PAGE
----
I remember when I was living in Washington, DC, my son, Ayhan, who was just four at the time, and I would take the train and bus halfway across the city to the Anacostia River to help clean it up. We went a few times—once on a bitterly cold Martin Luther King Jr. Day in late January. It was gross, picking up so much trash, even a few condoms and needles. It was angering—so many McDonald’s plastic straws, minimally useful and just for moments, and yet completely covering the banks of this river (and countless others). It was funny—pulling out part of a shopping cart, a Nerf football that had become part of the landscape (plants growing right through it—once again revealing Gaia’s resilience). And admittedly, it was fun too—working together with my young son, trying to heal our local environment and in our small way, the planet, and hopefully setting my son on an ecocentric path for his whole life (no pressure son, now hand me another garbage bag). Oh yeah, there were also free donuts—which made it all the better, especially to a 4-year old (ok, and to a 40 year old) who doesn’t often get donuts!
But the magnitude of garbage (thousands of pounds were collected by dozens of volunteers in just one small stretch of river)* made the whole experience feel futile. I couldn’t help wondering, “What’s the point? As soon as we leave, rains will come and wash hundreds more straws, wrappers, and water bottles down into the sewers and into the river. Why am I here instead of fighting for a plastic tax or campaigning against fast food corporations?”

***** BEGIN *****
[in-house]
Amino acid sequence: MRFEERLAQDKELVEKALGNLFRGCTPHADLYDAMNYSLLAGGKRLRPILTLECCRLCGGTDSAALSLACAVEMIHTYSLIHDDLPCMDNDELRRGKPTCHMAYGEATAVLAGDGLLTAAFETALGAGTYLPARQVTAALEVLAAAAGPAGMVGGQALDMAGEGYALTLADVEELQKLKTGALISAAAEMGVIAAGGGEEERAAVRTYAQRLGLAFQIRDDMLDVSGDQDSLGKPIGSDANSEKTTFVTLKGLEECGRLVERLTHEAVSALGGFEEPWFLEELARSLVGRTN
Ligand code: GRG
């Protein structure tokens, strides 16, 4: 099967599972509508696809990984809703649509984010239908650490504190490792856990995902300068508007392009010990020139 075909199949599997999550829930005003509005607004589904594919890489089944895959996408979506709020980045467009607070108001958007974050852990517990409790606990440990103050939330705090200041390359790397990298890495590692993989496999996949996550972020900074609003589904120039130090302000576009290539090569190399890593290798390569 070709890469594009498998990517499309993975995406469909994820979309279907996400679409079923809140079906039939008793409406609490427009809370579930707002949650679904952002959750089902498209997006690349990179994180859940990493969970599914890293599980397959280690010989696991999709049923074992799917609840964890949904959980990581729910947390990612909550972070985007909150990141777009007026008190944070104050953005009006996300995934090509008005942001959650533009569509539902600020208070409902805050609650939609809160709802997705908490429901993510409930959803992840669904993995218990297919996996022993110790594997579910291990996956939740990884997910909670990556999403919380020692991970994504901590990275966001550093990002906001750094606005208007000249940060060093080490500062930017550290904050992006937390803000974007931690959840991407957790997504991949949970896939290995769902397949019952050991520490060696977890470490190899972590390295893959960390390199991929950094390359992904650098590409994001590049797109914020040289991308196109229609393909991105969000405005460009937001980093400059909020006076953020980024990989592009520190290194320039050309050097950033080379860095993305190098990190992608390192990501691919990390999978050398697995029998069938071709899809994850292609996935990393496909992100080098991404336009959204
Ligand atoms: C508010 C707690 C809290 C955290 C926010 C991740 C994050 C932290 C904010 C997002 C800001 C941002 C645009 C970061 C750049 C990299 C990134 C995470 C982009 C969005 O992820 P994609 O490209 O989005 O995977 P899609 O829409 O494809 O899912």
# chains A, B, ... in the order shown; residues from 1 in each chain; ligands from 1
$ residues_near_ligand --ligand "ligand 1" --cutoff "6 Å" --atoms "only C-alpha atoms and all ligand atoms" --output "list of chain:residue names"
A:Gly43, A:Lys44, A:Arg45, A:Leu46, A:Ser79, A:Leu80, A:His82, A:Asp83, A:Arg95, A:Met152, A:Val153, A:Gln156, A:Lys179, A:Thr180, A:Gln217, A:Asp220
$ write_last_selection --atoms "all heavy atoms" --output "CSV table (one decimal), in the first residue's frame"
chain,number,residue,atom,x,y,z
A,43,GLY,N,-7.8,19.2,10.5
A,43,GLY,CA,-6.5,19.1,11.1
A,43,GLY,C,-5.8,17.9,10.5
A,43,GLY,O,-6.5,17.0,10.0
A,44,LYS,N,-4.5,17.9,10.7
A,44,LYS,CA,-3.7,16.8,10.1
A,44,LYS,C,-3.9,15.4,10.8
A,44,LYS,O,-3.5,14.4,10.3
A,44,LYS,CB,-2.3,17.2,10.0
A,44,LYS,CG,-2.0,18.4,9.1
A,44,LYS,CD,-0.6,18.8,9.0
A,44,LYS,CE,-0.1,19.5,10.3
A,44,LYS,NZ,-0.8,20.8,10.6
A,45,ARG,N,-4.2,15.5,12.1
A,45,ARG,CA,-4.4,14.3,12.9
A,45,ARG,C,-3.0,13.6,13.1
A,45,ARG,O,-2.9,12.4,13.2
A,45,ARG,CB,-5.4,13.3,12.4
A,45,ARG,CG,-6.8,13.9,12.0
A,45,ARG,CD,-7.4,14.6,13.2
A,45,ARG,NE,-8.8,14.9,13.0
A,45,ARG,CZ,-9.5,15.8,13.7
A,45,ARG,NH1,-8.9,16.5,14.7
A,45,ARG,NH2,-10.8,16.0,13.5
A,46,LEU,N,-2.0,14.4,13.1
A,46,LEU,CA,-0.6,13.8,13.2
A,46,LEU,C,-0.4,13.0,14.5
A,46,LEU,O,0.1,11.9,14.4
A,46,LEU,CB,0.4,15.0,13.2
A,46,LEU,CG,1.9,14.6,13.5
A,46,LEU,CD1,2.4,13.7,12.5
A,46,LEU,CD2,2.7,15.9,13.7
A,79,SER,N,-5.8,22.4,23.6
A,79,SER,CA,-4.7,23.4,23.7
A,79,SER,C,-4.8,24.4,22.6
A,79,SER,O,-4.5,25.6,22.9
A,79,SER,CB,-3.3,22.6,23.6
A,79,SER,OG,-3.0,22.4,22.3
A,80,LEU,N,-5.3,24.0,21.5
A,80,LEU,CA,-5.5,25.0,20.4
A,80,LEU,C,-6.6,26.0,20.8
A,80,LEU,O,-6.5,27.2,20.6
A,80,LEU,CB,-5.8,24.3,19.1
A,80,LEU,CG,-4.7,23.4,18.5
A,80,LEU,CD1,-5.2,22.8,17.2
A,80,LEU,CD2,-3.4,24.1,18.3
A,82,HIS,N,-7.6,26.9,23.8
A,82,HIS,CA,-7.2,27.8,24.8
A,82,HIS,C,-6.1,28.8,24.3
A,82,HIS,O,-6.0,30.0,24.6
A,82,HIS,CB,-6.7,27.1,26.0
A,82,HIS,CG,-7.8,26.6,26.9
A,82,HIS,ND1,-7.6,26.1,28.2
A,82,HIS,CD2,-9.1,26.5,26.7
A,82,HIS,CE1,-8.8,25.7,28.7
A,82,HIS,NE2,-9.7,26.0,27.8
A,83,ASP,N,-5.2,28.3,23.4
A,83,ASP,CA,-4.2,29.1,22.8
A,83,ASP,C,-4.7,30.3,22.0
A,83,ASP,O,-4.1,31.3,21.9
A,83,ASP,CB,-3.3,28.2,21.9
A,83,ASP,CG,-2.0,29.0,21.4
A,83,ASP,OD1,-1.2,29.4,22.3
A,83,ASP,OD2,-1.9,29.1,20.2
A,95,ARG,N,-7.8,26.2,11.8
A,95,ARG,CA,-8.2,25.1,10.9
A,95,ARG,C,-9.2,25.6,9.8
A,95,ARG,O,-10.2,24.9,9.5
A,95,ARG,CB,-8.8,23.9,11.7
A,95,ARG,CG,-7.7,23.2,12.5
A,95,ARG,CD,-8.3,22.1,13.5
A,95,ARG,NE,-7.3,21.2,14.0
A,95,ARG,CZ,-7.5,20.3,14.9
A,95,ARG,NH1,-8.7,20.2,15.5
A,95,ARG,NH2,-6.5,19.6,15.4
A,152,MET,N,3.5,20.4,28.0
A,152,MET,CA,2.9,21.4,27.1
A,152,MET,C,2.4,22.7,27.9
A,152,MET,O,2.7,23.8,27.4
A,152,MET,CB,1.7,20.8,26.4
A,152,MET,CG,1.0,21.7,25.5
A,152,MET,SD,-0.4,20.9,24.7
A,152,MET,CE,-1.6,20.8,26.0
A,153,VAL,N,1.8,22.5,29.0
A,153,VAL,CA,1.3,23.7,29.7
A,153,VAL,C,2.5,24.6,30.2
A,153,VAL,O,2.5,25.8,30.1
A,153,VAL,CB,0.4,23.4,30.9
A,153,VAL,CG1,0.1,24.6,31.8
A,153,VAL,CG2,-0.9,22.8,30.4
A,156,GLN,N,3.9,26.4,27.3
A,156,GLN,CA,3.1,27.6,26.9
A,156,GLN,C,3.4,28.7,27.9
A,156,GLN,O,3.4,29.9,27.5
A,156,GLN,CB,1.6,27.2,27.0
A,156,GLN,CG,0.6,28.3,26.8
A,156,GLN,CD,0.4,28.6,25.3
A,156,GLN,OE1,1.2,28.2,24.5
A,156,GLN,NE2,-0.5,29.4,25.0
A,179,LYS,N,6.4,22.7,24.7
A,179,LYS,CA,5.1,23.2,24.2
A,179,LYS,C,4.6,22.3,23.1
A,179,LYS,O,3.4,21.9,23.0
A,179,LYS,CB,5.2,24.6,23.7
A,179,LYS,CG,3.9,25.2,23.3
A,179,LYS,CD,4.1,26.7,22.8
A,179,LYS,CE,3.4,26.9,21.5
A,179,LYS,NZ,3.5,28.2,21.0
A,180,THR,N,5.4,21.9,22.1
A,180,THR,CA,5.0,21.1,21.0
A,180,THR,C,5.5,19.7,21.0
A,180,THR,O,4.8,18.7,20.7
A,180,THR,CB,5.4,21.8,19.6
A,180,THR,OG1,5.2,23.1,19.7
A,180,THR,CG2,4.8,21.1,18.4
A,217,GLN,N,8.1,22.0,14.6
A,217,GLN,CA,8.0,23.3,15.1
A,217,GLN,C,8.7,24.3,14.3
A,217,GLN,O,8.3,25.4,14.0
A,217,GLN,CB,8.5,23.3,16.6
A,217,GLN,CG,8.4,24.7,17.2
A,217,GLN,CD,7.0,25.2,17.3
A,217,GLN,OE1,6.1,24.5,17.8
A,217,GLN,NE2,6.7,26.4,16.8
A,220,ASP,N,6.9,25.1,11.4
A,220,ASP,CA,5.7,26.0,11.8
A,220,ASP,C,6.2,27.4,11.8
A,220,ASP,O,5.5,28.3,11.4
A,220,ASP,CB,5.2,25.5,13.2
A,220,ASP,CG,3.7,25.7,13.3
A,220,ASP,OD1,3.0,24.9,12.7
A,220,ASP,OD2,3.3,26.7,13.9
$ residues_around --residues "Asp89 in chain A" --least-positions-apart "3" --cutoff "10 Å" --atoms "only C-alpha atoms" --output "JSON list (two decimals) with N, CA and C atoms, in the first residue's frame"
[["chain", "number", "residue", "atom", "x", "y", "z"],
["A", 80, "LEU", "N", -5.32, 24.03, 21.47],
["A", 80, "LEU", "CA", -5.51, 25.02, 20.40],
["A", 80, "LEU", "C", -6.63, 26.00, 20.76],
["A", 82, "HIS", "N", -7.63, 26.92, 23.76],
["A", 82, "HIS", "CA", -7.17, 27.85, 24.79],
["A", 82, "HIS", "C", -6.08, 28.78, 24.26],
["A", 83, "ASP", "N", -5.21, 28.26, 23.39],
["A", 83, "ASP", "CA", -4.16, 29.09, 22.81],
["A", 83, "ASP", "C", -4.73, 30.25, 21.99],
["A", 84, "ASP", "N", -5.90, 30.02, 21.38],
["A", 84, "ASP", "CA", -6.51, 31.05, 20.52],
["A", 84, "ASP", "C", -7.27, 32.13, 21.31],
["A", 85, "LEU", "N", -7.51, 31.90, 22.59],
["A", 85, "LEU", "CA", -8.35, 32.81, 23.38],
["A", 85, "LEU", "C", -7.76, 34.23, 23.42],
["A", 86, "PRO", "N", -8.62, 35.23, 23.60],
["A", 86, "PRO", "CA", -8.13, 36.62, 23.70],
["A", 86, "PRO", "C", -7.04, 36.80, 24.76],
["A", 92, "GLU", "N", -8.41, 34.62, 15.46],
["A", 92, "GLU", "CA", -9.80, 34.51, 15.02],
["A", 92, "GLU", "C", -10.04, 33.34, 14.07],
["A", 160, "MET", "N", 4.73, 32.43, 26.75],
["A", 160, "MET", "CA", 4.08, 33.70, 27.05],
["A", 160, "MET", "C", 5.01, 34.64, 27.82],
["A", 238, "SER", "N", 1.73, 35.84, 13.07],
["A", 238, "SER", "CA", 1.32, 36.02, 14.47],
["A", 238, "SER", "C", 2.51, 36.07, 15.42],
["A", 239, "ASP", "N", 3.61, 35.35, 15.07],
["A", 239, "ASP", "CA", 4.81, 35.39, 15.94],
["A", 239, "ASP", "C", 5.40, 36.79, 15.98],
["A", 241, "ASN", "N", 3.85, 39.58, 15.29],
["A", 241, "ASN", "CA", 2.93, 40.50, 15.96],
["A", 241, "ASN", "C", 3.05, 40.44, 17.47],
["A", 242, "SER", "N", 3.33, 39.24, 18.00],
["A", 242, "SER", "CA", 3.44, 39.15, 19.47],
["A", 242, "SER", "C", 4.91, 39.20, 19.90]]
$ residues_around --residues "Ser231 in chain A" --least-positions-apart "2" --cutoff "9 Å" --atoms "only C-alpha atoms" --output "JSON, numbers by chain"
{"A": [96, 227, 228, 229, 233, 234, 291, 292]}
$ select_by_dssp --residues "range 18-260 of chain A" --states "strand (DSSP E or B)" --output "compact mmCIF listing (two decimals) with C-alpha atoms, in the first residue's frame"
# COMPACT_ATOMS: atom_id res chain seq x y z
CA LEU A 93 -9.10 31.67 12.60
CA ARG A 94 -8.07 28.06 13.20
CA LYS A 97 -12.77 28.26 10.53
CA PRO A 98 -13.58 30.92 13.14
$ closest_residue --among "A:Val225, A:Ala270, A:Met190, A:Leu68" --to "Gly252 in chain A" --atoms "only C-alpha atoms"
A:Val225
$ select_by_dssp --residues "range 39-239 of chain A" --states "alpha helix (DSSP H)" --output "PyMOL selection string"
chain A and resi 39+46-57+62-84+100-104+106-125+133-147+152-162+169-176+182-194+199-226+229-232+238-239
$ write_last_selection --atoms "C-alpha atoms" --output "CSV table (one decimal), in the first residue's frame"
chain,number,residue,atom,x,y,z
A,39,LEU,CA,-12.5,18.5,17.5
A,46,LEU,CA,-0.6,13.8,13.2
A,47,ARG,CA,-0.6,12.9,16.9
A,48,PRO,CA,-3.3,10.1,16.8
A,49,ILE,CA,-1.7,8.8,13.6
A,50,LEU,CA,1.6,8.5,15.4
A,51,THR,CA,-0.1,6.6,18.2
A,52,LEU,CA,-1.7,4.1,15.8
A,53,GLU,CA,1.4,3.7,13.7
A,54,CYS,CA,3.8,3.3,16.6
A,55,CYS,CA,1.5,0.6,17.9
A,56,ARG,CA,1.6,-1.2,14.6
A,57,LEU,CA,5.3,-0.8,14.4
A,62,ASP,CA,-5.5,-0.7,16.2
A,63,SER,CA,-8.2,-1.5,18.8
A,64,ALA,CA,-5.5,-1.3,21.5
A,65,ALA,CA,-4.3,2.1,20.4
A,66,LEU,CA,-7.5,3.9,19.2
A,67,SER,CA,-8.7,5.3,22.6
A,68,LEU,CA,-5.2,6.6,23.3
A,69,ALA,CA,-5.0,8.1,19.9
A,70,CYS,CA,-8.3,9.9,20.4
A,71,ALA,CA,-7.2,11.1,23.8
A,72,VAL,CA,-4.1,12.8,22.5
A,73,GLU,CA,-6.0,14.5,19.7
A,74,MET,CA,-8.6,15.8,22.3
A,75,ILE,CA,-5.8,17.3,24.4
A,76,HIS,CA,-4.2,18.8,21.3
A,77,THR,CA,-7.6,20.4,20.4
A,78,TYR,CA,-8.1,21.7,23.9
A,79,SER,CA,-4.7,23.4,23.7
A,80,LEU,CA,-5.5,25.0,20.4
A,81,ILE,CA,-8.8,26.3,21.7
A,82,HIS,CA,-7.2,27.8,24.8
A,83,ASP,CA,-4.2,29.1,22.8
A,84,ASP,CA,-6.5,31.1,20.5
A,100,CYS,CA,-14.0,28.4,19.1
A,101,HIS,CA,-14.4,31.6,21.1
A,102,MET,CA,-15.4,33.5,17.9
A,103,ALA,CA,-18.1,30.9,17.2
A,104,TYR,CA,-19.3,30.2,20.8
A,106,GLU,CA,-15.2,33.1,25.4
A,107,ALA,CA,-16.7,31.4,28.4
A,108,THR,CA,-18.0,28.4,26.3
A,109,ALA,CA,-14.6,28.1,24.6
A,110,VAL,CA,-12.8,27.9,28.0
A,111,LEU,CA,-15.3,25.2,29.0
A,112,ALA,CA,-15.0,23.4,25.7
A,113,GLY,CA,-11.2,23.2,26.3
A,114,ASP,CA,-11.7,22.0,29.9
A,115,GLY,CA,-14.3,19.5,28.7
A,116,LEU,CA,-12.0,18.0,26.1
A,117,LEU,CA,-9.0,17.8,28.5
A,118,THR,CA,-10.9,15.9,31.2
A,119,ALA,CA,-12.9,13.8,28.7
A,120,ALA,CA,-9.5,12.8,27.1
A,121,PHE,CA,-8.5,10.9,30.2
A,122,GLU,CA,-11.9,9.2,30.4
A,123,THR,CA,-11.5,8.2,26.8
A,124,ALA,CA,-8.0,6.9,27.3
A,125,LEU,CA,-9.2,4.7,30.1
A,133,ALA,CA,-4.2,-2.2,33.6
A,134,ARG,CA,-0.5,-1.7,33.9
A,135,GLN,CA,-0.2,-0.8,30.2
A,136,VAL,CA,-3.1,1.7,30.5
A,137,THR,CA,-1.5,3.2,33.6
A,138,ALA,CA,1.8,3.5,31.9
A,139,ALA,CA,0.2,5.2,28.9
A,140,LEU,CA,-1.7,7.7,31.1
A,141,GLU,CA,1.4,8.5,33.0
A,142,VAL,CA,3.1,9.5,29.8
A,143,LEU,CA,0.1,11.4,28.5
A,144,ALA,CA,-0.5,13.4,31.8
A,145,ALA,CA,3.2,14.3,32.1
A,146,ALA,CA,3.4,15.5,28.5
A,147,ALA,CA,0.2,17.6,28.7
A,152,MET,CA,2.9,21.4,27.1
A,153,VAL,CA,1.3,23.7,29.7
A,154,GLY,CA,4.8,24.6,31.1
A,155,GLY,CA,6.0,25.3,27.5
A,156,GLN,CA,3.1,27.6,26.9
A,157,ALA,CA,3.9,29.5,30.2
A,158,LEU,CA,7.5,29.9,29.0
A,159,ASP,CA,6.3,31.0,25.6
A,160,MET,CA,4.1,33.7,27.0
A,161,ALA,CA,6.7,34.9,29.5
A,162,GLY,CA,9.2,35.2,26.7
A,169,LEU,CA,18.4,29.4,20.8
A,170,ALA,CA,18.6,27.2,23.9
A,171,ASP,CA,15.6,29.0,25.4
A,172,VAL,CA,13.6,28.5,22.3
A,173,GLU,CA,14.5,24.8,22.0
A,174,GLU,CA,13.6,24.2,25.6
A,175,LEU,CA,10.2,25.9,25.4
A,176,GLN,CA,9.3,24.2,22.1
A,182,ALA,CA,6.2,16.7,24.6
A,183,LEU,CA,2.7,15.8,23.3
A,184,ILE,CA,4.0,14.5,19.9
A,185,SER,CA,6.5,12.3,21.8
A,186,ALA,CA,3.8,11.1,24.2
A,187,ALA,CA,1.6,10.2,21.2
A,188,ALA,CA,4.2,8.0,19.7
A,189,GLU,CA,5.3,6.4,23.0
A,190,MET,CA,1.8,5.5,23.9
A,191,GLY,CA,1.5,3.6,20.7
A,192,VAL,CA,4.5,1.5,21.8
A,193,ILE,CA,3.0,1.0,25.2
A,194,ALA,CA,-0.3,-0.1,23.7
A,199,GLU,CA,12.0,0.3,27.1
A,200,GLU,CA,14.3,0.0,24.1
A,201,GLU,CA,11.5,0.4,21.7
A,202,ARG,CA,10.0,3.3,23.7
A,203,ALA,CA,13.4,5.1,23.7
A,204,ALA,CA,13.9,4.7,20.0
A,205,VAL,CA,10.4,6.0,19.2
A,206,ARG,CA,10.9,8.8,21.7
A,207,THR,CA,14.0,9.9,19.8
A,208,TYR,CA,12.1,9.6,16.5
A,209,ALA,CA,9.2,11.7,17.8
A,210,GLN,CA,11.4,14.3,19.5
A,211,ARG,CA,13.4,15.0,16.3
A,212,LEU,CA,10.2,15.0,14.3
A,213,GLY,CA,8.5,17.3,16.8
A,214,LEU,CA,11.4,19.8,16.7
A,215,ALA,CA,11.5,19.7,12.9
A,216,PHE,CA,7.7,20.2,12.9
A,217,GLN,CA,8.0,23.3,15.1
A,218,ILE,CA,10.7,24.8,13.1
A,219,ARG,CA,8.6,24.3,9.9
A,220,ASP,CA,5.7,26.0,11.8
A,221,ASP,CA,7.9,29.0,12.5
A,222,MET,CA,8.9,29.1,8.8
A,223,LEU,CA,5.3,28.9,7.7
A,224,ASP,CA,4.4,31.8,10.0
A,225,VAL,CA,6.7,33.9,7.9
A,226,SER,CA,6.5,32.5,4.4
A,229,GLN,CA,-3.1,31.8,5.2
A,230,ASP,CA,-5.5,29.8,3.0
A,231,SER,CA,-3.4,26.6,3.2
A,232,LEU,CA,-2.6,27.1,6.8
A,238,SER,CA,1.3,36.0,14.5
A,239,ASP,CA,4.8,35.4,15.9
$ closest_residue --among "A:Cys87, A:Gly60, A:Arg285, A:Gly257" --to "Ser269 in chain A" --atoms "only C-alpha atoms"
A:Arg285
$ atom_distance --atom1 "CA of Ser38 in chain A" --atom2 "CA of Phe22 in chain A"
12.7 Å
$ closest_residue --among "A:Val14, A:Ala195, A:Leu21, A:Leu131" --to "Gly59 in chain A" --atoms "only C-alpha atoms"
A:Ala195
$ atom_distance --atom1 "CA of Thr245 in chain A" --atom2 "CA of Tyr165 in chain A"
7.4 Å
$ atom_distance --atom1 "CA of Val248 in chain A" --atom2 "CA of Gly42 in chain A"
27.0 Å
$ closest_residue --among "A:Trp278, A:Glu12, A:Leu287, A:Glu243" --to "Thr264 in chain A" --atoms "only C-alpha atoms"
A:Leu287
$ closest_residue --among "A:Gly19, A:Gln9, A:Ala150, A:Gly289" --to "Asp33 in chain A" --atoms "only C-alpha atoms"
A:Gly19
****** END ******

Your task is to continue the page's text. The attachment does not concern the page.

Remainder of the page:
And that’s when it hit me. The cleanup is environmentalists’ ritual penance and ablutions rolled into one. For those not familiar, penance is the ritualistic act of “voluntary self-punishment inflicted as an outward expression of repentance for having done wrong.” Ablutions are “a ceremonial act of washing parts of the body or sacred containers.” What could be a better form of penance than a river cleanup for an environmentally conscious individual who nonetheless is trapped in a consumer cultural system so that no matter how sustainably he tries to behave, he is going to produce massive amounts of waste and ecological damage? So of course one should kneel down and wrestle free rotting rope from mucky rocks. One should dig through thorny weeds to extract a sand-filled Funyuns bag that has been plaguing the river’s edge for what looks like years. And in the process, one is ritually washed in the waters of their ecosystem and planet, absolved a little for one’s daily consumer excesses, and purified a tiny bit for this act of contrition.**
Of course, there’s infinite more garbage elsewhere and more being produced every day than ever before—thanks to the plastic industry, fast food industry, marketing industry, and so many others. So to be very clear, cleanups are not the way we save the planet. But that is not to say they aren’t useful—they can cultivate community, they can help increase awareness, which hopefully leads to more conscious daily choices: “You know, I think I’ll bring a Tupperware container to the restaurant so I won’t need a disposable container for my leftovers and sure, I’ll sign that petition.” And more so, hopefully, just as saying Three Hail Marys leads to one better self-identifying as a Catholic, participating in cleanups should lead one to increasingly identify as an environmentalist, and even, as a Gaian (that is, an individual who understands that she is part of and utterly dependent on Gaia, so therefore it is her ultimate purpose to help heal Gaia).